The Value of Emily Dickinson is the first compact introduction to Dickinson to focus primarily on her poems and why they have held and continue to hold such significance for readers. It addresses the question of literary value in light of current controversies dividing scholars, including those surrounding the critical issue of whether her writings are best appreciated as visual works of manuscript art or as rhymed and metered poems intended for the inner ear. Mary Loeffelholz deftly incorporates Dickinson's distinctive biography and her historical, religious, and cultural contexts into close readings, tracing the evolution of Dickinson's style. This volume - which considers not only the complex history of Dickinson's poems in print, but also their future in digital formats - will be an invaluable resource for undergraduate and graduate students seeking to better understand the importance of this seminal American poet.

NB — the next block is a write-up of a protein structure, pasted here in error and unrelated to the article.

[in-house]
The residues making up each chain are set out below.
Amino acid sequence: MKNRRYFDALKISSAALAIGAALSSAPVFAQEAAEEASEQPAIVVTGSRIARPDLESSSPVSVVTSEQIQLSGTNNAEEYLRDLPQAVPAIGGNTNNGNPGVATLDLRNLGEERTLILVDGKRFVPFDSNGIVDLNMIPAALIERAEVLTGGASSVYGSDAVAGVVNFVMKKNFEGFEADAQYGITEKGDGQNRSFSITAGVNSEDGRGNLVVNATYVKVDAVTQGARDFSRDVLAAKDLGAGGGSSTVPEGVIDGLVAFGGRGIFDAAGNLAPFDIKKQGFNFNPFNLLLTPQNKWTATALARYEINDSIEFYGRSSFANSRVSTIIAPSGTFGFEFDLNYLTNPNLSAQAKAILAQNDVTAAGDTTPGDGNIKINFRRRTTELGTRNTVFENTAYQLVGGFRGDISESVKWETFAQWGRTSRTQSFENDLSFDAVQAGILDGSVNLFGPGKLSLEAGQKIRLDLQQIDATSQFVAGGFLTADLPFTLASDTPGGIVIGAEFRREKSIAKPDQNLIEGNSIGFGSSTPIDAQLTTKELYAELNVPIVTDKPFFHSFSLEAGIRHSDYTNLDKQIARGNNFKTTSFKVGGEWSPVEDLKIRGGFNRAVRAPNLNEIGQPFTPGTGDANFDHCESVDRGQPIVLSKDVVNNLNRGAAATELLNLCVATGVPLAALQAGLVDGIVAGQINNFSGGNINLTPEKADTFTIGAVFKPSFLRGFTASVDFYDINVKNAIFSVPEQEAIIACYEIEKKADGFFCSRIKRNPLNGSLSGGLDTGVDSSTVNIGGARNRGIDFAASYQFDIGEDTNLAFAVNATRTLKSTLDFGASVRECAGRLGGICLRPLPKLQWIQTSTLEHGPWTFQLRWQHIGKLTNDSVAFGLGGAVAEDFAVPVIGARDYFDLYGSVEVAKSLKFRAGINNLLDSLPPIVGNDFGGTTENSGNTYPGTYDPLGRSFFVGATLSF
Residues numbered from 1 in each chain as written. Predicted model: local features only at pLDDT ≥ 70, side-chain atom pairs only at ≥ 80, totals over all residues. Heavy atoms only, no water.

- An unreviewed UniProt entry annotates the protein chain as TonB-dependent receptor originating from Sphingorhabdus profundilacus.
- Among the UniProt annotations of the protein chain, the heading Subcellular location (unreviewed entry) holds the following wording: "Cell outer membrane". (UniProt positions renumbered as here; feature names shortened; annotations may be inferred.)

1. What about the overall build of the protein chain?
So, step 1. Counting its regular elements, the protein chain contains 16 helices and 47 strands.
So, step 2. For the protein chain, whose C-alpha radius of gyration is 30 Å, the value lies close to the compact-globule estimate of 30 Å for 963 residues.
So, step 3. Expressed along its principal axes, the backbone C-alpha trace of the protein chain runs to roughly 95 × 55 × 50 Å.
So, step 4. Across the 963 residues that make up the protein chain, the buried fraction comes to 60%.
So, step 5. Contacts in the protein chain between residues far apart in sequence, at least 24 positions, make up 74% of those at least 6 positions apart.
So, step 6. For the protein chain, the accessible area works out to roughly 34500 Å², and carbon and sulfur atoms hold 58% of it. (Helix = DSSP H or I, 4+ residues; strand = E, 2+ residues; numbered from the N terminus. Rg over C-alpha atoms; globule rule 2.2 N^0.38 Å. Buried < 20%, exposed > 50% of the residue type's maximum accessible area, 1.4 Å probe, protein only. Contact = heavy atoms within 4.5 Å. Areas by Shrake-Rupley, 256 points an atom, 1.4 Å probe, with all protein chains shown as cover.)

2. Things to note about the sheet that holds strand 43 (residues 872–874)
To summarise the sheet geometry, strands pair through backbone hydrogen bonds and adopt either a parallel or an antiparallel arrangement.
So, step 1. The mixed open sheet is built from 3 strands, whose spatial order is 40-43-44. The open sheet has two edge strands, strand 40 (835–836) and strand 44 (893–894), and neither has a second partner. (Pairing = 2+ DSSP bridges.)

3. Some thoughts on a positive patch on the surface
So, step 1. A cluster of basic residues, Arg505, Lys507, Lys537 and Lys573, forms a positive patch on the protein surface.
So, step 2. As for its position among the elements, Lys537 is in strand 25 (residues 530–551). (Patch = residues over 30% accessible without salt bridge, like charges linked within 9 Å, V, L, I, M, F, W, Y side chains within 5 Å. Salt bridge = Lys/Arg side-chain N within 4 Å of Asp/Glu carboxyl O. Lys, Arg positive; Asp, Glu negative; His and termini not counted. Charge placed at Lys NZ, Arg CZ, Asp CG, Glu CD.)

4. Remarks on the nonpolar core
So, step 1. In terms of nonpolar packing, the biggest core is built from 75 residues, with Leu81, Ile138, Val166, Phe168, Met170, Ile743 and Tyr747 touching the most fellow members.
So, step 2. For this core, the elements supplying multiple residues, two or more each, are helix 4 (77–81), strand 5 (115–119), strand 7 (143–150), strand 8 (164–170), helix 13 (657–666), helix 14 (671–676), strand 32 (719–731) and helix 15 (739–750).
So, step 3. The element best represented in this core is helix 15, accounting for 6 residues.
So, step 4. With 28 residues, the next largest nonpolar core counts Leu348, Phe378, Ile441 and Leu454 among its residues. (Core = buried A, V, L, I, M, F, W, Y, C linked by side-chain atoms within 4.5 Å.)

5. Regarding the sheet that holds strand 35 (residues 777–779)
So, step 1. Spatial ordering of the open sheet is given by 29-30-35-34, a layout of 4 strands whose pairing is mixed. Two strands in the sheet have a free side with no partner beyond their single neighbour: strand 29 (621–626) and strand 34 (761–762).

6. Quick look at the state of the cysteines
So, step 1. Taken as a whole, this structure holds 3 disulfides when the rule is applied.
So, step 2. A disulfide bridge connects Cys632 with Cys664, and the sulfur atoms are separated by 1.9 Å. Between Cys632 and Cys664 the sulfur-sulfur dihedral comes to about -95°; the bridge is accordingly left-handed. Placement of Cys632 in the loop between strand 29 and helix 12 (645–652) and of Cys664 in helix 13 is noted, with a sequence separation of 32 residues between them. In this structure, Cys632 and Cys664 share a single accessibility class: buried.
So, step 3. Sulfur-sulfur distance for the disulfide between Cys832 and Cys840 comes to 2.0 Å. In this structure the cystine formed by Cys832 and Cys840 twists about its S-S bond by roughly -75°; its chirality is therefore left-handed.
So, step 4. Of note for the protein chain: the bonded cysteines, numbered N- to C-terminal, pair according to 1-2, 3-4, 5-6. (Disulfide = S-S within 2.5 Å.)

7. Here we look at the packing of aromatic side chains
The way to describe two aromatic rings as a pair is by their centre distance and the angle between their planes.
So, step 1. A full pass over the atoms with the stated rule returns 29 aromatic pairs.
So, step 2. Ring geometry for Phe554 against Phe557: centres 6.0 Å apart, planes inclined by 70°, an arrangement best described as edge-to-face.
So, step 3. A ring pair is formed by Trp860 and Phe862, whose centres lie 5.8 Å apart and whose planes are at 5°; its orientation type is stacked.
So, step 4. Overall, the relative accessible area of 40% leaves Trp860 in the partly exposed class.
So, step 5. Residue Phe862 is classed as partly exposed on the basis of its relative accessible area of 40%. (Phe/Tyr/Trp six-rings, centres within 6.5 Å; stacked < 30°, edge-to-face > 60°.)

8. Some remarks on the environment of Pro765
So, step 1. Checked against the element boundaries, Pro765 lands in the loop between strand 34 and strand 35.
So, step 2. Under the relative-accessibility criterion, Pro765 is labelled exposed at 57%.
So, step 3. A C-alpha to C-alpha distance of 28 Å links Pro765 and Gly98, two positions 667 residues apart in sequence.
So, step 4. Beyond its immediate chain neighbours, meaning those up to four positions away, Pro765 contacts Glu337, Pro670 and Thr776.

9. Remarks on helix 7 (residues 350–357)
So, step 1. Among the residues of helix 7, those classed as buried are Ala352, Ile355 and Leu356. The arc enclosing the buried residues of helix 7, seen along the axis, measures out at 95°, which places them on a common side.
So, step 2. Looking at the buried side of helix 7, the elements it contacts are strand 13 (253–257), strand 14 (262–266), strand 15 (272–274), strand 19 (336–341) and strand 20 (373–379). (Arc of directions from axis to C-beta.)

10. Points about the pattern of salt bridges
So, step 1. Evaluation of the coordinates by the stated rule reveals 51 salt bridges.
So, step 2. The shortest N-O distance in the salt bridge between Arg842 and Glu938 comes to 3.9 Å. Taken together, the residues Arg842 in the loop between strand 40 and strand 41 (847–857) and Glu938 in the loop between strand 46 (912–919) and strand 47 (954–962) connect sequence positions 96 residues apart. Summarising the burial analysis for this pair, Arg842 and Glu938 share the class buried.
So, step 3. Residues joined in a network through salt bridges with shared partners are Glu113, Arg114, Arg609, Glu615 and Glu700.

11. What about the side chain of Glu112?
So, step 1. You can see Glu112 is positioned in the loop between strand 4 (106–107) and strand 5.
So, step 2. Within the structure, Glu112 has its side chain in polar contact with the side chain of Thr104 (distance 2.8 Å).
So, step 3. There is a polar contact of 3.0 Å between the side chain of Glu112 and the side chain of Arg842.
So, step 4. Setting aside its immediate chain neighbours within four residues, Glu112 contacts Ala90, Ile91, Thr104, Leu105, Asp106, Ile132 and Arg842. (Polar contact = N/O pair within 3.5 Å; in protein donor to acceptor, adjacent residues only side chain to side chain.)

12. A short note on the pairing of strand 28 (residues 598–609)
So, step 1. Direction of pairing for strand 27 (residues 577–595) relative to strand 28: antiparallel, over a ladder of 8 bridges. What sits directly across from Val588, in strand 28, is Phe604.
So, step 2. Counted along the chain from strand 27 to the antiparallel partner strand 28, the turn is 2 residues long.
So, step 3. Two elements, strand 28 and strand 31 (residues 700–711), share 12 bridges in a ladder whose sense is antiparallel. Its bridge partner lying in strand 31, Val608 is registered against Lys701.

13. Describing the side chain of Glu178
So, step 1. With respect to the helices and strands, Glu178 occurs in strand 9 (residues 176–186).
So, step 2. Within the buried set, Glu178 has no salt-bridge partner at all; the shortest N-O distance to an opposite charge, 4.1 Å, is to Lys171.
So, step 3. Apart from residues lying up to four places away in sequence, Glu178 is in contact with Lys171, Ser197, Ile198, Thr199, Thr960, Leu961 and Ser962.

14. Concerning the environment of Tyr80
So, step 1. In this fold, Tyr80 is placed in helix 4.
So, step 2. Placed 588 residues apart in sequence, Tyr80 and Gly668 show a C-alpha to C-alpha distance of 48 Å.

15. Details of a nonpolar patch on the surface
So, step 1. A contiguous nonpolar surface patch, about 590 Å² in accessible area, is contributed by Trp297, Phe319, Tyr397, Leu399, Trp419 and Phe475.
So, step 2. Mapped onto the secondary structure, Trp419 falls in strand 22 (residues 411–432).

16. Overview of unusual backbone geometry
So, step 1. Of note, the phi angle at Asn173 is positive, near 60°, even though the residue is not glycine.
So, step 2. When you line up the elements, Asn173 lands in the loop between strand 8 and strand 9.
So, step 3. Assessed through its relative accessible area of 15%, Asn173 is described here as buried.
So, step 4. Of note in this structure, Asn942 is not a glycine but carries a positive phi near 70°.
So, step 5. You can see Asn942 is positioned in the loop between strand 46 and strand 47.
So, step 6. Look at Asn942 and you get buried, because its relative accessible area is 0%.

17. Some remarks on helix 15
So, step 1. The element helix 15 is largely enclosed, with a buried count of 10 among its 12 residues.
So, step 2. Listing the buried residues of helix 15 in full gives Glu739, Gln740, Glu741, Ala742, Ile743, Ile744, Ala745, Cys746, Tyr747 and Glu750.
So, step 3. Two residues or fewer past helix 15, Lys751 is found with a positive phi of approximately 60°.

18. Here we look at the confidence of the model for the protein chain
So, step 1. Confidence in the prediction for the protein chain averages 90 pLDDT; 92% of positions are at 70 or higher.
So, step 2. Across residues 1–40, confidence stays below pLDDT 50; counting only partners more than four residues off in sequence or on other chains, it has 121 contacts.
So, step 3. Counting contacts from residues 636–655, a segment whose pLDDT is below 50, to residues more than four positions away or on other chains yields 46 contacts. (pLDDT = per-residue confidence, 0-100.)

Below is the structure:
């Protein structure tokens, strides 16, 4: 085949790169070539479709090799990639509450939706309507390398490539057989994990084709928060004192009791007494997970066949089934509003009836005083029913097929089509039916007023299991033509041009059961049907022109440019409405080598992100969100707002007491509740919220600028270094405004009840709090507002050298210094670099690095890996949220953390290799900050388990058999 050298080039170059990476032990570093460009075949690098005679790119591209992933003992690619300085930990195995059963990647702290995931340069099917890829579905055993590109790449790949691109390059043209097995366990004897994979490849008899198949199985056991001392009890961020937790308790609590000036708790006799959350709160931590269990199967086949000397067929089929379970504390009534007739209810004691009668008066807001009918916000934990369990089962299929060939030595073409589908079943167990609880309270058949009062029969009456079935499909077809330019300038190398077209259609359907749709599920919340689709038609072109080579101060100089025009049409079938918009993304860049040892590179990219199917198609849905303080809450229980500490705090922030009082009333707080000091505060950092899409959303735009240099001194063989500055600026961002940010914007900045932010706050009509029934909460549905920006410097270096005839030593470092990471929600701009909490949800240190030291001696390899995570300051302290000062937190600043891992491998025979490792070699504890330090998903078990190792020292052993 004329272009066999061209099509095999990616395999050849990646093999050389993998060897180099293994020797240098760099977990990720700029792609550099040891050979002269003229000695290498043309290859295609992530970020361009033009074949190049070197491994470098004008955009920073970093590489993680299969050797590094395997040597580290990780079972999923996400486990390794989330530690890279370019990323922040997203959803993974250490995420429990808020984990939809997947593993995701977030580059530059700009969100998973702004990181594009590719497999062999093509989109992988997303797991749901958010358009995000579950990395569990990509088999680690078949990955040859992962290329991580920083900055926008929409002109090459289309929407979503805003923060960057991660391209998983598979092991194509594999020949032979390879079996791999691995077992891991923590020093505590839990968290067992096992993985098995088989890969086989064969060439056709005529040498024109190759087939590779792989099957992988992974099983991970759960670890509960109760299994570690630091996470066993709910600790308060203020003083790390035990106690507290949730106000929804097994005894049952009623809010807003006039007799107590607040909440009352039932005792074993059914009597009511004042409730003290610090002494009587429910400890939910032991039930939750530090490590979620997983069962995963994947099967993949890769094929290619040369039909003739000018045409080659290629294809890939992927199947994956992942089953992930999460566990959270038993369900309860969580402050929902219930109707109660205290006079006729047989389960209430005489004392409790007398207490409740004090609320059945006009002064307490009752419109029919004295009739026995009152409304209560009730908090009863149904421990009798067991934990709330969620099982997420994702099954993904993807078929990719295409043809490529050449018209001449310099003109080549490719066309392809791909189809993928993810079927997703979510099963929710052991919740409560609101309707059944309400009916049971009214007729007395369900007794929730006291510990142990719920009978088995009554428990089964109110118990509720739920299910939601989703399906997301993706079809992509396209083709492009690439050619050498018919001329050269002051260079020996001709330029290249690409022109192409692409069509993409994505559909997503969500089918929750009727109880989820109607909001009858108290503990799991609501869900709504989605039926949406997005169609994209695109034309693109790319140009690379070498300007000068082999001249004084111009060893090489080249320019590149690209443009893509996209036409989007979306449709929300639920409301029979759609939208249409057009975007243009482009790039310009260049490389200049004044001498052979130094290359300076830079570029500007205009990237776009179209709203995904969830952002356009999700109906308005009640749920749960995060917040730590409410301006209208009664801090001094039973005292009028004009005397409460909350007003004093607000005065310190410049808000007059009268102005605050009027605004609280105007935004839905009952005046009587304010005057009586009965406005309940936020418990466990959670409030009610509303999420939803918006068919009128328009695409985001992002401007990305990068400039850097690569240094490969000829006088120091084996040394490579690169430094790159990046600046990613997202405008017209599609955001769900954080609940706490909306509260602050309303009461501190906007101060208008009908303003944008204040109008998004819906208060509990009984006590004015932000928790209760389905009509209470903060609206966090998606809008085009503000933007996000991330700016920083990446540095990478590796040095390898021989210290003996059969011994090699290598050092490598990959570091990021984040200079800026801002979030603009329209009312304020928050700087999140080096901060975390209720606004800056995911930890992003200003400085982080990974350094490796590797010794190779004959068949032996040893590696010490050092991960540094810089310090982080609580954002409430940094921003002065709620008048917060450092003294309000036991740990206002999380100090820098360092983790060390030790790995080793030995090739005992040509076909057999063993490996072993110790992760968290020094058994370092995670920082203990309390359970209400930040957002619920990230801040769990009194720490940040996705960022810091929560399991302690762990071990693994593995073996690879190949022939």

About the Author
Mary Loeffelholz is Professor of English and Vice Provost for Academic Affairs at Northeastern University, Boston. Her publications include From School to Salon: Reading Nineteenth-Century American Women's Poetry; Experimental Lives: Women and Literature, 1900–1945; and Dickinson and the Boundaries of Feminist Theory.
Table of ContentsIntroduction; 1. The life of Dickinson's writing; 2. Some striding - giant - love -; 3. Women, now, queens, now!; 4. Her American materials; 5. Faith and doubt; 6. The spirit lasts - but in what mode -.